Beautiful Blue World and Threads of Blue – Suzanne Fleur –  Another set of books that deal with the topic of war but it is handle is a much different way than The War That Saved My Life. It reminds me of The Boy in Striped Pajamas in how it isn’t so much what is said but what isn’t that is powerful.

Locomotion and Peace, Locomotion – Jacqueline Woodson – I loved her book Brown Girl Dreaming a few years ago and she did not disappoint. I absolutely adore Locomotion. He is dealing with grief, he loves his sister dearly, and he is finding his place in a new family. Locomotion is a free verse novel and Peace: Locomotion is in the form of letters. I have come to appreciate free verse so much. Woodson does it well.

Patina – Jason Reynolds – This is the second book in the Track series. (Ghost was the first.) This is a great series so far that would appeal to a variety of readers. They are a reasonable length so that reluctant readers will not be overwhelmed. Each book highlights a member of a track team; a diverse group of kids who all have a unique story. The third book, Sunny, is set to be released in April, 2018.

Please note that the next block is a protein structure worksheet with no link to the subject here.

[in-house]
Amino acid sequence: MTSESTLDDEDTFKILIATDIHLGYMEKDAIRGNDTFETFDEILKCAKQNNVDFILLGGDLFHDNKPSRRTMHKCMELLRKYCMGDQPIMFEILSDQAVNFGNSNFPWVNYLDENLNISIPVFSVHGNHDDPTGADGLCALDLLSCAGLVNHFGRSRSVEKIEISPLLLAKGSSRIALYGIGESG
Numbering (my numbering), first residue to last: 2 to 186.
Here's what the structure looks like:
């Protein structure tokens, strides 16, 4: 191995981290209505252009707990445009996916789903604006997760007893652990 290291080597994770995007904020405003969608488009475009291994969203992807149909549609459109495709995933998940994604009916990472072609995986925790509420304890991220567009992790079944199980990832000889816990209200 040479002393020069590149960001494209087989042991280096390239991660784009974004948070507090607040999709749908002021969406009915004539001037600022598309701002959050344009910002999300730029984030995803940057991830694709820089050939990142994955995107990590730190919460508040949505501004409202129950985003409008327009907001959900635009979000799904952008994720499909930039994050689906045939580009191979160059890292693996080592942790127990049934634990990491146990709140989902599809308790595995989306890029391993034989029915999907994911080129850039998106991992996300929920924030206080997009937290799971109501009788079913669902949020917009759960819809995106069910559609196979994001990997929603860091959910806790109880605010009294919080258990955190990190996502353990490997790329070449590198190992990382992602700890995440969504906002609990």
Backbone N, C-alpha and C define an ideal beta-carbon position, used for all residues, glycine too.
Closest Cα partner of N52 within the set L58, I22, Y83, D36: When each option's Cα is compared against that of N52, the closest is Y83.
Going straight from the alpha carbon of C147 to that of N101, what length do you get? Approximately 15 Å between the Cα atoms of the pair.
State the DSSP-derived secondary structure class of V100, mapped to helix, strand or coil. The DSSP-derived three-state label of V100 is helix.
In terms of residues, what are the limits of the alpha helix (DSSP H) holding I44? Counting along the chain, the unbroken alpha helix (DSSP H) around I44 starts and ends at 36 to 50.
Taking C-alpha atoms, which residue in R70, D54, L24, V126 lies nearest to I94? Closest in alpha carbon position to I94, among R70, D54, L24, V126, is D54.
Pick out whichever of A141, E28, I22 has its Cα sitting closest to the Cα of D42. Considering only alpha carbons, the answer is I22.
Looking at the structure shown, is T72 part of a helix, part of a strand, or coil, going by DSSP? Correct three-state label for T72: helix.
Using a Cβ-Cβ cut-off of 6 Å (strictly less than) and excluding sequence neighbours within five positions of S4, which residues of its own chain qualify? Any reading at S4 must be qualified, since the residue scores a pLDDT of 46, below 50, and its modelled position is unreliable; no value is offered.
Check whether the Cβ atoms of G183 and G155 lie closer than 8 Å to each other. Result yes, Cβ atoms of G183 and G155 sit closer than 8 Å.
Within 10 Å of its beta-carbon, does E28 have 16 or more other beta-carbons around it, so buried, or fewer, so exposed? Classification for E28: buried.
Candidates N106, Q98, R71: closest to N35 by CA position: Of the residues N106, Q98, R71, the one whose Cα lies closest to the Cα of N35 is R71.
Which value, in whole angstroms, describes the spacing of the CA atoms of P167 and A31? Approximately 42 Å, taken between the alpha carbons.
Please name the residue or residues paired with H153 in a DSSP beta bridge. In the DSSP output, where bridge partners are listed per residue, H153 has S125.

Nothing to Fear – Jackie French Koller – An excellent historical fiction set during the beginning of the Depression.

Isaac the Alchemist – Mary Losure – Having a nice stash of biographies and science titles for my children to read is a goal I am continually working on. This book on Isaac Newton  highlights his boyhood and shows how Newton’s fascination with magic found in science inspired him. I found it a quick and easy read but engaging as well. A great one to add in with your science studies.

Blooming at The Texas Sunrise Motel – Kimberly Willis Holt – A fun read for girls; perhaps ages 10-13? Stevie has lost her parents and is now living with her grumpy grandfather in his hotel. Sweet story about a young girl accepting the changes in her life.  Perfect for a rainy afternoon.